When an e-mail about a speed dating night at Anna’s Taqueria appeared in our inbox, we knew we had to set someone on it—the most obvious choice being Kris Jenson, burrito lover, film critic, single man, stud. For moral support, we sent Missadventerous dating columnist Liz Casey to join him. Here are their takes.
There’s only so many times you can point out the fallacy of dating in all its forms—blind, online, double, speed—before you sound like that jackass who insists the moon landing was a hoax. Yeah, the shadows in that photo look vaguely weird, but if you’d just pipe down and listen to yourself for one minute, you’d realize just how wrong you are and that you’re just making life more difficult for yourself.
So it was in this spirit of willingly shutting the fuck up that I took a chance on Anna’s TALKeria, the first in what may turn out to be a series of speed dating events one of Boston’s most beloved burrito chains.
For an oft-single burritophile like me, it was perfect. Right off the bat, I’d already know something my dates and I have in common: We’re single and we like the same food.
And if I strike out, hey, free burritos.
I was shocked at how much fun I had. As much as the pretense of dating can get tiring—covering up your flaws, wearing clothes you hate, dancing around the fact that you’re taking part in what’s essentially a mating ritual—speeding up the whole thing actually brings it down to earth.
Was it embarrassing? Sure. Did I have fun? Oh yeah. Will I be seeing anyone again? About that … one of the sponsors of the event, the “professional wingman,” made that part difficult when he specifically told the women not to approach the men, eliciting numerous complaints from the folks I started talking to. Way to kill chemistry through imposing awkward gender roles, buddy.
But for every great thing, there’s the awkward first time that you kill by over-thinking it.
If Anna’s TALKeria could get a bum like me off my ass and into the ring, it’s definitely onto something.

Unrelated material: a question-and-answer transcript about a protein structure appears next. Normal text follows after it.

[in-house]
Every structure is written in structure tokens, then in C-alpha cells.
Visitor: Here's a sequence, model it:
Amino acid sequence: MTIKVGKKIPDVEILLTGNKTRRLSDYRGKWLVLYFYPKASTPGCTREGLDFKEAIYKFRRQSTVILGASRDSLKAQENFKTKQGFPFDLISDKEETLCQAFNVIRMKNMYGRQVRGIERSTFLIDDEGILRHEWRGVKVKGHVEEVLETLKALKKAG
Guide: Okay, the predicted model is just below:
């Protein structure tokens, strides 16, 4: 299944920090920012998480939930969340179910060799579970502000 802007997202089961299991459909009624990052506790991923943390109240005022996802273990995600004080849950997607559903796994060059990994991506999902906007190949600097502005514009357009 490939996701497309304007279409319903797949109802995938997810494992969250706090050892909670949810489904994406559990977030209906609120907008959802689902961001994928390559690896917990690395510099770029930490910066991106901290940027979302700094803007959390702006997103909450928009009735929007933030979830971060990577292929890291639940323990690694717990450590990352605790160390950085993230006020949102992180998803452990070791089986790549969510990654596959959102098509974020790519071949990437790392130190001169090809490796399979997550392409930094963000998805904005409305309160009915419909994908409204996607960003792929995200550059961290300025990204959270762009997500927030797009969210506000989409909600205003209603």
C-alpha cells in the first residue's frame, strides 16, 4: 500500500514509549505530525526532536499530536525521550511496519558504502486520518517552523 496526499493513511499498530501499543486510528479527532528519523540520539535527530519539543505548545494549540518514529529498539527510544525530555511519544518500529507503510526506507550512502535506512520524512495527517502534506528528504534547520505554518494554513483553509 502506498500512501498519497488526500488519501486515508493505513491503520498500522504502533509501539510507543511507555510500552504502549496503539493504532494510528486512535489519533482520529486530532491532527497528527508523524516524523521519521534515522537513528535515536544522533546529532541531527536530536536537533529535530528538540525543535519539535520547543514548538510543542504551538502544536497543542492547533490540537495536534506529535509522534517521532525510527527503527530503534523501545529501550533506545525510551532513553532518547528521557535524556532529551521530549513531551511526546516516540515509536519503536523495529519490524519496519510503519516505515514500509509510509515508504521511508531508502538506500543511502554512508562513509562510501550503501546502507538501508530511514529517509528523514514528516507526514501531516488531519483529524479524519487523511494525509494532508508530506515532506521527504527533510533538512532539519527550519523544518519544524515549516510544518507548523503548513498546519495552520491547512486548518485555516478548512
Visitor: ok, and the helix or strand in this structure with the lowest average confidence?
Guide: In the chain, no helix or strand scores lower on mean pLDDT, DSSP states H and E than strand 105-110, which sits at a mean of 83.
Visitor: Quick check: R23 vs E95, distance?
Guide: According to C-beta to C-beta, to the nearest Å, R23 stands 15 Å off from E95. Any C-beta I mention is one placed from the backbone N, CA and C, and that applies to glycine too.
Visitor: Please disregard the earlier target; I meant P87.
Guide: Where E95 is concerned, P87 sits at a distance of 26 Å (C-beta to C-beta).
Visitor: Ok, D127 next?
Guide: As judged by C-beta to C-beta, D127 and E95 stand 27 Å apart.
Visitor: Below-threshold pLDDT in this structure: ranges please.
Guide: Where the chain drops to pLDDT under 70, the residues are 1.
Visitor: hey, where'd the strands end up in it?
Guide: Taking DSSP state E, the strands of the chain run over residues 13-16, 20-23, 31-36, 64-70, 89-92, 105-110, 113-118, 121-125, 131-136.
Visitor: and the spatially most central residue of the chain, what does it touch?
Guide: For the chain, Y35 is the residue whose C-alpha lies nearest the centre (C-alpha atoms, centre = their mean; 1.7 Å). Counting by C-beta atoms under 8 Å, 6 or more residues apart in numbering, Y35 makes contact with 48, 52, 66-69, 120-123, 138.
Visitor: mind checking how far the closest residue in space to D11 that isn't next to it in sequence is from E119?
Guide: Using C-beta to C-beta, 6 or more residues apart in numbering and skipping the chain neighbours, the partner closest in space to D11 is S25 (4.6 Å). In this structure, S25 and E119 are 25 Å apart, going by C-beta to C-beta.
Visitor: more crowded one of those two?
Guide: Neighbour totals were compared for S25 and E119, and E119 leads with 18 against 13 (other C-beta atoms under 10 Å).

So Liz, how’d I do?
I’ve finally experienced nearly every kind of dating scenario. Well, sort of. This week, Kris Jenson and I decided to take Anna’s TALKeria speed dating event by storm as a dating duo—Kris the swinging, burrito eating bachelor, and me, the dating advice-dispensing wing woman.
While I stood by awkwardly eating my free burrito and chatting with participants before the official said dates, I became aware of the relaxed and almost social-hour like atmosphere. It felt more like a freshman college icebreaker event than an adult speed-dating one. Time to check in with Kris.
Me: How are ya feeling stud?
Kris: The closest I’ve come to speed dating is watching The 40-Year-Old Virgin.
I feel at home here (Anna’s), I mean, look at my card! I eat a lot of burritos.
Kris, in fact, is a card-carrying member of another burrito chain, consuming between 1-3 burritos a week.
Me: Are you nervous?
Kris: A little bit, I guess.
“I suppose I’m looking for a burrita to my burrito.”
There you have it, folks. Kris is open to finding his small female donkey.
And just like that, the speed dating commenced. Thomas Edwards, the “Professional Wingman” of the evening, went over the instructions, and told everyone to relax, since the dates would be more group talks, rather than one-on-ones. The participants shuffled around, and as the women outnumbered the men, a third section of women for each round formed in the middle of the tables, waiting to sit down with the men. The scene struck me as odd, specifically because I don’t remember any rules about it being strictly hetero-speed dating.
“No, I didn’t ask for any numbers. I felt like I would have been akin to the guy from MadTV who incessantly bothers women for their phone numbers until they give in. I gave out my business card instead.”
Based on my observations, I thought there was an interested lady present. I peeled away from Kris mid-sentence while she looked at him expectantly, hoping my smooth moves went undetected.* Talking later after the event, it was looking more like business card city.
Overall, it was a great event to benefit a great cause, with all proceeds going toward Casa Myrna and its mission to end domestic and dating violence.
Through the awkward pauses and shoveling of free burritos into hungry mouths, most participants stated they were happy they had finally tried it. Plus, burritos.
*I’m not in fact smooth, at all.